Pennetta vs. Peer:  For the second straight major, the balanced styles of the Israeli and the Italian collide in an encounter that should feature more elongated rallies than the ball-bruising clashes sketched above.  Since neither Pennetta nor Peer possesses thunderous serves or the raw power to hit her opponent off the court, they must construct points with their symmetrical groundstrokes and meticulous movement.  The routine scoreline that unfolded in their US Open encounter cloaked the intrigue that heightened through several deuce games late in the first set, even more excruciating because both lacked the means to swiftly terminate the suspense.  While Jovanovski abruptly halted Pennetta’s momentum in the second round of Sydney, Safarova ambushed Peer in an epic Brisbane encounter during which this second Czech lefty saved a match point.  Who will banish those recent disappointments by extending their week into a fortnight?

Melzer vs. Baghdatis:  Among the key breakthrough performers of 2010, the veteran lefty defied the inexorable march of time to record victories over Djokovic and Nadal.  Those startling upsets elevated him within sight of a coveted penthouse in the top 10, which he could reach with a creditable result at the season’s first major.  Mustering his Melbourne magic to halt Del Potro’s comeback bid in four sets, Baghdatis has notched his most memorable successes on a high-bouncing surface seemingly hostile to his low, lasered groundstrokes.  Firmly lodged in his corner, however, are legions of full-throated Cypriots, whose exhortations to their compatriot may unnerve the easily flustered Melzer just as they once rattled Soderling.  But the contrast between the baseline-moored Baghdatis  and the net-rushing Austrian should provide an entertaining counterpoint pitting the conventional modern style against its ebbing predecessor.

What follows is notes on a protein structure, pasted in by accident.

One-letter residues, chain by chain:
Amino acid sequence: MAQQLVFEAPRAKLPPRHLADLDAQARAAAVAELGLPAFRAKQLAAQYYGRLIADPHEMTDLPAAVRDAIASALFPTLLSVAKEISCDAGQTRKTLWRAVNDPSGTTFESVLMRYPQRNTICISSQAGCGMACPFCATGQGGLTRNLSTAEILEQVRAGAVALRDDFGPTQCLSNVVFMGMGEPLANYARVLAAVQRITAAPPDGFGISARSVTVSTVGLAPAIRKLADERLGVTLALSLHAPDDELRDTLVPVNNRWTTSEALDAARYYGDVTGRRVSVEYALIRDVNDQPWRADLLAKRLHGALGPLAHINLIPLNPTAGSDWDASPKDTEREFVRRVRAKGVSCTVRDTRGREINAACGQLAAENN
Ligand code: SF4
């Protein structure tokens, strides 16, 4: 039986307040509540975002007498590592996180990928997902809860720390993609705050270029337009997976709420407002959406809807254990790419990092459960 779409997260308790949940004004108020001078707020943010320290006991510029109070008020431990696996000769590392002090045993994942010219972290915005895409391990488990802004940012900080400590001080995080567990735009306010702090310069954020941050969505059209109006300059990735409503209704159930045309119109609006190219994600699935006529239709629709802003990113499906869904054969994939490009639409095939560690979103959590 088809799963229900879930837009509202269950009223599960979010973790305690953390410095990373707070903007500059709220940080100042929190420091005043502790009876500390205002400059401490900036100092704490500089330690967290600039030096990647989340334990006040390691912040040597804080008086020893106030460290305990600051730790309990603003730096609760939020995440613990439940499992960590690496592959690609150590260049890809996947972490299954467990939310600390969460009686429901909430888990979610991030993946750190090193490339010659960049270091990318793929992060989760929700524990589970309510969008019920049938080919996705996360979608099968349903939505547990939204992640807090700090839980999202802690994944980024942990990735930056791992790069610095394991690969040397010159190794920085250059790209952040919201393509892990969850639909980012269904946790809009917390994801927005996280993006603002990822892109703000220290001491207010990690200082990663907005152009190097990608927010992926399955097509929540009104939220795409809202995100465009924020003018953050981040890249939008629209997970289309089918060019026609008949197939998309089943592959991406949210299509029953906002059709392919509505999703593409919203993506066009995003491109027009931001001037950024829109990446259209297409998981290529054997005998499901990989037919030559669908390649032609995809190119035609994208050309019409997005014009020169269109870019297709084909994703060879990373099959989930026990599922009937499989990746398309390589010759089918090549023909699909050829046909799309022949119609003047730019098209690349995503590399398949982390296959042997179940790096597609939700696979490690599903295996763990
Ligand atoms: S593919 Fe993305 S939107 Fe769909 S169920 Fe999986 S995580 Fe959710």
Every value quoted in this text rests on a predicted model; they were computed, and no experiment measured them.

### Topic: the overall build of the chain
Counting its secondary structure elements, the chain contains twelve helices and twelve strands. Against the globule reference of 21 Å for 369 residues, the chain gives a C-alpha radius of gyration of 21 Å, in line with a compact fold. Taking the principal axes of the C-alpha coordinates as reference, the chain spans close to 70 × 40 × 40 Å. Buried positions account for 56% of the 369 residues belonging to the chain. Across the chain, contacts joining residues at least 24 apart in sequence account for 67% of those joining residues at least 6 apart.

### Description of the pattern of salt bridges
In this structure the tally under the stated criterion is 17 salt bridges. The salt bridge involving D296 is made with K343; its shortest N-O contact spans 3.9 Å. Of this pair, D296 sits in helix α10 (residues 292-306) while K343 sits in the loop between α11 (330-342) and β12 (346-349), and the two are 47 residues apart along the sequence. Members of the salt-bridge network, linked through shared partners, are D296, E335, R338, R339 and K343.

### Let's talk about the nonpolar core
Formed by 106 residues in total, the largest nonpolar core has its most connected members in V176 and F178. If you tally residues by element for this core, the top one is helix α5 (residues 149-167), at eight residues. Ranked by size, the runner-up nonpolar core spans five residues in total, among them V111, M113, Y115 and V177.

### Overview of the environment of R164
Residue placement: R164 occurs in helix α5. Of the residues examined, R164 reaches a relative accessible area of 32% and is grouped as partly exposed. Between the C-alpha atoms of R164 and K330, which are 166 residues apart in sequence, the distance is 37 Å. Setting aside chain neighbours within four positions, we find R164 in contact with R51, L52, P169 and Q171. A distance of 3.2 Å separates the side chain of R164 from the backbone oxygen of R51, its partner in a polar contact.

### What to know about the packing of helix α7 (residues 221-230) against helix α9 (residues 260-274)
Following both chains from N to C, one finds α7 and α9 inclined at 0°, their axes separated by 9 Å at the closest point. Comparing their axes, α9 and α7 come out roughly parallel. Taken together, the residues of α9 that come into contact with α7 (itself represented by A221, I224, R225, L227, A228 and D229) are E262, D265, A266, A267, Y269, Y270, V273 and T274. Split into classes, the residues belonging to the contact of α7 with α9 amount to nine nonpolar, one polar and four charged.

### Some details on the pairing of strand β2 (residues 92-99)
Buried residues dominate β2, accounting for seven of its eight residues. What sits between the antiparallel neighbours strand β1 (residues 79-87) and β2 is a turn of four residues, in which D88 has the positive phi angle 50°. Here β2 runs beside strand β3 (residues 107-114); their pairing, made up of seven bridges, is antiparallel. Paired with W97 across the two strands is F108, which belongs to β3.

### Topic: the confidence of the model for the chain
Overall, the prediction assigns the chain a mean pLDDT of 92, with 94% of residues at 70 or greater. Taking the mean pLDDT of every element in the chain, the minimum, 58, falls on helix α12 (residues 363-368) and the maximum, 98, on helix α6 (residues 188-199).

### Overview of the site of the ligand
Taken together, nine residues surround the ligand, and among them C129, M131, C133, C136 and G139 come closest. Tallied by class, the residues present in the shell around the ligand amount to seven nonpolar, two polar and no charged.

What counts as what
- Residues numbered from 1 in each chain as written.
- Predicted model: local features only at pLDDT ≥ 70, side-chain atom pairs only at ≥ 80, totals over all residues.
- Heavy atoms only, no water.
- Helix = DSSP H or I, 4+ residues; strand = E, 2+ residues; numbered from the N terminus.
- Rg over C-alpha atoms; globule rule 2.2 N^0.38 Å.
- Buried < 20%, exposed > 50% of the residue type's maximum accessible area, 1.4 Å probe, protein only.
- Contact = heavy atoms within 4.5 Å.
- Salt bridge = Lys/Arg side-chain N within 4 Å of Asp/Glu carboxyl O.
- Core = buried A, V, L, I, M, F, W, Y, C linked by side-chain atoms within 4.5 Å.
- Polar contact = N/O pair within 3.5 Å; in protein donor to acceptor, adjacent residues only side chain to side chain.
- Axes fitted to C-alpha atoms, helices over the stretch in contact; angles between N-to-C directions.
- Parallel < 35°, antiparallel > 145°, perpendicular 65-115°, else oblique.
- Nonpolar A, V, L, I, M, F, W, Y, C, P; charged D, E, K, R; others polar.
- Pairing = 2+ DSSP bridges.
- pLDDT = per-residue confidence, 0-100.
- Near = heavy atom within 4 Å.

Halep vs. Radwanska:  Upsetting the potent Kleybanova in the second round, the rising Romanian perhaps has begun to outshine her off-court notoriety with her on-court accomplishments.  A contrasting challenge awaits against Radwanska, whose distinctively nuanced style has unhinged so many of the WTA’s monochromatic baseliners.  Narrowly eluding Date in a suspenseful opener, the Pole brushed off the rust that had gathered on her game during an injury-enforced period of inactivity.  With no massive ball-strikers in her section, Radwanska has become an improbable favorite to reach her fourth Slam quarterfinal and second in Melbourne.

Dolgopolov vs. Tsonga:  Already scarred by a five-setter in the first round, the world #13 hopes to avoid a reprise of his Wimbledon meeting with the Ukrainian if he seeks to surge deep into the draw.  At the All England Club, Dolgopolov fearlessly rallied from a two-set deficit against Tsonga before prolonging the fifth set well into tennis overtime.  Battling not only his opponents but a draining health condition, this reckless ball-striker rarely sees a forehand that he doesn’t seek to obliterate.  Only slightly more subtle, the Frenchman allowed untimely errors to infuse a routine match against Seppi with unnecessary suspense.  If his focus waxes and wanes again, he might not escape Dolgopolov in straight sets and conserve crucial energy for later rounds.